The revenge of the Bowling Ball Crew
by Ken Carpenter
Man first domesticated dogs about 14,000 years ago. They have been his best friend ever since then, though that has not stopped both sides from snacking on each other from time to time. Personally, I would eat my neighbor before I would eat one of my dogs, but that is just me.
I am a wiener dog man, as anyone who has the audacity to drive by my house can attest. My four furry sausages think they own everything they can see, whether they can get to it or not, and vocal restraint is not their strong suit. I call them The Bowling Ball Crew, because it is entirely possible that the smartest of the bunch could lose a battle of wits with a bowling ball.
The first written reference to the dachshund, which means, “badger dog” in German, was in the early 1700’s. The breed was once described as being “a half a dog high and a dog and a half long”, and their resemblance to one of man’s favorite foods is their main claim to fame.
Their most endearing, and at times exasperating, quality is that they think they are hairy little humans. In their tiny pea brains there is absolutely no reason in the world that they should not enjoy the same rights as their owners, be it dining or sleeping accommodations.
In many cases they are right, for they quite often rule whatever roost they happen to call home.
Sigh, mine are no different. When I got married last year my wife inherited a bed full of dogs in the bargain, and banishing them was not an option. The only reason they don’t charge us rent is that we control the food source.
Wienies are the coolest of all animals, and if you don’t think so just ask one. You will get a whimsical look in return, directly in the eye for they love eye contact, and then they are apt to spin circles and woof at something in the distance as if they are changing the subject. They know they are cool, fool, they don’t have to prove nothin’.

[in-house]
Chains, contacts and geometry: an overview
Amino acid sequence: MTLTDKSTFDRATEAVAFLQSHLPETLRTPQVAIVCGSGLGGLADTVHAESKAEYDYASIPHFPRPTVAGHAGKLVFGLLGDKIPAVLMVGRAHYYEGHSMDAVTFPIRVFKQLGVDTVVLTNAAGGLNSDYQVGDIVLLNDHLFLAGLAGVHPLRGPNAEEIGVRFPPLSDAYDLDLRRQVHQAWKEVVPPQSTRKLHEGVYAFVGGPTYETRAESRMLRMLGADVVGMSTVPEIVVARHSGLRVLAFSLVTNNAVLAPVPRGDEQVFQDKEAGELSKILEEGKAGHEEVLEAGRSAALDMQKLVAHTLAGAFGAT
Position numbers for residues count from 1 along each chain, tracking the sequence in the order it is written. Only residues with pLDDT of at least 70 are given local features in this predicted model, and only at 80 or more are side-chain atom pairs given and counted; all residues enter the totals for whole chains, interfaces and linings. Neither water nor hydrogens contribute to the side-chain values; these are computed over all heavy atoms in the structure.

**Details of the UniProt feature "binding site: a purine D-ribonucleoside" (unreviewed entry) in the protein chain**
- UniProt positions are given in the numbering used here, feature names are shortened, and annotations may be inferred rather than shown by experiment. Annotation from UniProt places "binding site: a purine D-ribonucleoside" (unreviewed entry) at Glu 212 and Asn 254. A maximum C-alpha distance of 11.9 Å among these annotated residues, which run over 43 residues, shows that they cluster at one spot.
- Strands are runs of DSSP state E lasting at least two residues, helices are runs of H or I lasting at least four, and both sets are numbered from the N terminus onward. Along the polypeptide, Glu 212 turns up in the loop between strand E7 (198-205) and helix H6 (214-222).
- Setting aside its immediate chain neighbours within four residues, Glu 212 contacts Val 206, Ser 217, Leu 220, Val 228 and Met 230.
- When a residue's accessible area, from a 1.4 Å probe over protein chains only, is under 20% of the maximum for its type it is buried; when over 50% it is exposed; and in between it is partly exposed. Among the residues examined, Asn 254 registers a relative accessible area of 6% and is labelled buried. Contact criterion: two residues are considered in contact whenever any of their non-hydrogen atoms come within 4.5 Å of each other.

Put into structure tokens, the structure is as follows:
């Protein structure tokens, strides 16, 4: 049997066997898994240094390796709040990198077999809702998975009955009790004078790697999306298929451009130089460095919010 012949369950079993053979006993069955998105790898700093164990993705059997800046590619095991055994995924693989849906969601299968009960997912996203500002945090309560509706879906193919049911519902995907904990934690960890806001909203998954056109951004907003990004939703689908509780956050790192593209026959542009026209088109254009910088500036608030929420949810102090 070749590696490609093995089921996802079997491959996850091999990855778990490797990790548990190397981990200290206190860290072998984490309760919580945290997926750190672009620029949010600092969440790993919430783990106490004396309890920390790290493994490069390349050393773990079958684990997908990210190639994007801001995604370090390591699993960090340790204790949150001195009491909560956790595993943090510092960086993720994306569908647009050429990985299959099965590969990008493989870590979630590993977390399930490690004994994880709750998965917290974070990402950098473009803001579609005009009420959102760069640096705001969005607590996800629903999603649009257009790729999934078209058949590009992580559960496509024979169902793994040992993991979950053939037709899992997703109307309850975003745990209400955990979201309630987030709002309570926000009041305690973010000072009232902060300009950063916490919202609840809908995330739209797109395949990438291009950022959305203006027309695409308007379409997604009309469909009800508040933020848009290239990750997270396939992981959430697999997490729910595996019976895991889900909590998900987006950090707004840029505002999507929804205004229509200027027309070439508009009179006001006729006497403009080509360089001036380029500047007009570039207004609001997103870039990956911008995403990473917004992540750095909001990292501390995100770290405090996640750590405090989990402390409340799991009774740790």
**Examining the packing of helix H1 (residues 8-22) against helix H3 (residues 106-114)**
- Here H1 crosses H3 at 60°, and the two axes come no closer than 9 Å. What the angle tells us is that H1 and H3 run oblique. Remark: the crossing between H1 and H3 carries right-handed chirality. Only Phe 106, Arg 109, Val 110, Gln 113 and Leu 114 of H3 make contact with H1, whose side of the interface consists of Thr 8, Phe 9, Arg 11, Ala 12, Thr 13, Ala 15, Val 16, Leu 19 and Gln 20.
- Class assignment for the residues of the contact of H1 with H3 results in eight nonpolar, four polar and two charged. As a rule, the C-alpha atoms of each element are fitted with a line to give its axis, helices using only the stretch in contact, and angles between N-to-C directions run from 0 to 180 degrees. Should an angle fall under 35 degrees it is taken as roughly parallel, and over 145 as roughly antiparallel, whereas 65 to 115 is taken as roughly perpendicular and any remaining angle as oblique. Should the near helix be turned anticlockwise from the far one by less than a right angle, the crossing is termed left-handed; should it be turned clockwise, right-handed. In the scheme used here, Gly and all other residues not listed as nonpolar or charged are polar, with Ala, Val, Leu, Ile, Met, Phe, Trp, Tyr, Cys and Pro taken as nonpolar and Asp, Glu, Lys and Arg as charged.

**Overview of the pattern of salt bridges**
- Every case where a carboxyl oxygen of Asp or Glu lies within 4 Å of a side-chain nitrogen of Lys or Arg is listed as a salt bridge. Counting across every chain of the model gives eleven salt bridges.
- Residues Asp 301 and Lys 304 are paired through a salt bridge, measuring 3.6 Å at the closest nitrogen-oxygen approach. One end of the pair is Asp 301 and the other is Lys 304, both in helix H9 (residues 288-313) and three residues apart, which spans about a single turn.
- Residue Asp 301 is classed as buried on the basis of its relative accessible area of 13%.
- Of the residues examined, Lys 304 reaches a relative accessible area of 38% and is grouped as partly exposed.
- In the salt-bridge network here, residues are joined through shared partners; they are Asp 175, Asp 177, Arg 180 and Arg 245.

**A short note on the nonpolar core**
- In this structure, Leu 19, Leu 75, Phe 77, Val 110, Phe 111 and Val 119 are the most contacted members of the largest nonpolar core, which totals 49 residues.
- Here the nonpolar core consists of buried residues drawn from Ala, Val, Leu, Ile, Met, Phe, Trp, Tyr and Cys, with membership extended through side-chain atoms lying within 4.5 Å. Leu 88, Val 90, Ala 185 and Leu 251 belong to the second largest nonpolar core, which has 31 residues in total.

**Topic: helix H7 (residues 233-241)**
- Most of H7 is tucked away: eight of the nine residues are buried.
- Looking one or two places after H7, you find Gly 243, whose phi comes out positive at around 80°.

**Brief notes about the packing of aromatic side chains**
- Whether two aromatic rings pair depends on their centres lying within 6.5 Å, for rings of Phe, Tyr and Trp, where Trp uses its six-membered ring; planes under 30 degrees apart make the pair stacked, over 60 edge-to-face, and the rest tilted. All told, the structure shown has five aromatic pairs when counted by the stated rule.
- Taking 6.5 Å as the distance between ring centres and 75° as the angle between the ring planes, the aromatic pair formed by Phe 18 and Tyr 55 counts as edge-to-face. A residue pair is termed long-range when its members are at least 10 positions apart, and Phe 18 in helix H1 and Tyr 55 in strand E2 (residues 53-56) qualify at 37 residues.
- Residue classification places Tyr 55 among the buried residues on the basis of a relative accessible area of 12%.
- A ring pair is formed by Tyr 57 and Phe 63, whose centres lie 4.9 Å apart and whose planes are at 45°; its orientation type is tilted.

I spent a whole weekend beefing up my back yard so that Lacy, the matriarch and the best escape artist since Houdini, could no longer escape. When I went to work after closing them in Monday morning, I was smugly confident that the concentration camp was finally escape proof. When my wife and I got home that night, we quietly drove around the back way so we could spy on the hounds in their new jail without being seen.
Both of us almost soiled our britches when we coasted into the driveway and all four dogs came charging off the porch. “Yikes,” I said, “Lacy not only escaped she broke out the other three too!”
I immediately took them out to the backyard, closed the backdoor, and by the time I made it back to the front door the proud and grinning foursome were looking in the sliding glass door at me. Dejected, I let them in and sat on the floor so they could mob me.
It turns out that the digginest dogs dug under the skirting, worked their way under the house, and dug under another part. They now had a freeway, which took me another half day of hauling and stacking rocks to cure.
That worked to keep Neva, Murph and Abby in, but on the third day Lacy found a way out and went to the local bar for beer and jerky. No lie, she is partial to bars and would gladly live in one if we let her. Funny thing is, I have never taken her to a tavern, she discovered them on her own excursions and decided they were just the ticket.
So now when we go to work, Lacy is locked up in the house and the other three get the low-tech kennel. I give up for now…she has finally proven once and for all that I am more of a bowling ball than she is. I do not know how she gets out, but I do know that she could probably escape from Alcatraz if she had the opportunity.
At least she would if she knew there was a bar down the street.
(All four of these loveable weenies are in doggy heaven now, the last one having died last year. We now have one wiener dog, Sadie, who came along in time to make five for a few years. She is now the princess of our other three un-weenie dogs; Molly, Jezebel and Andy.)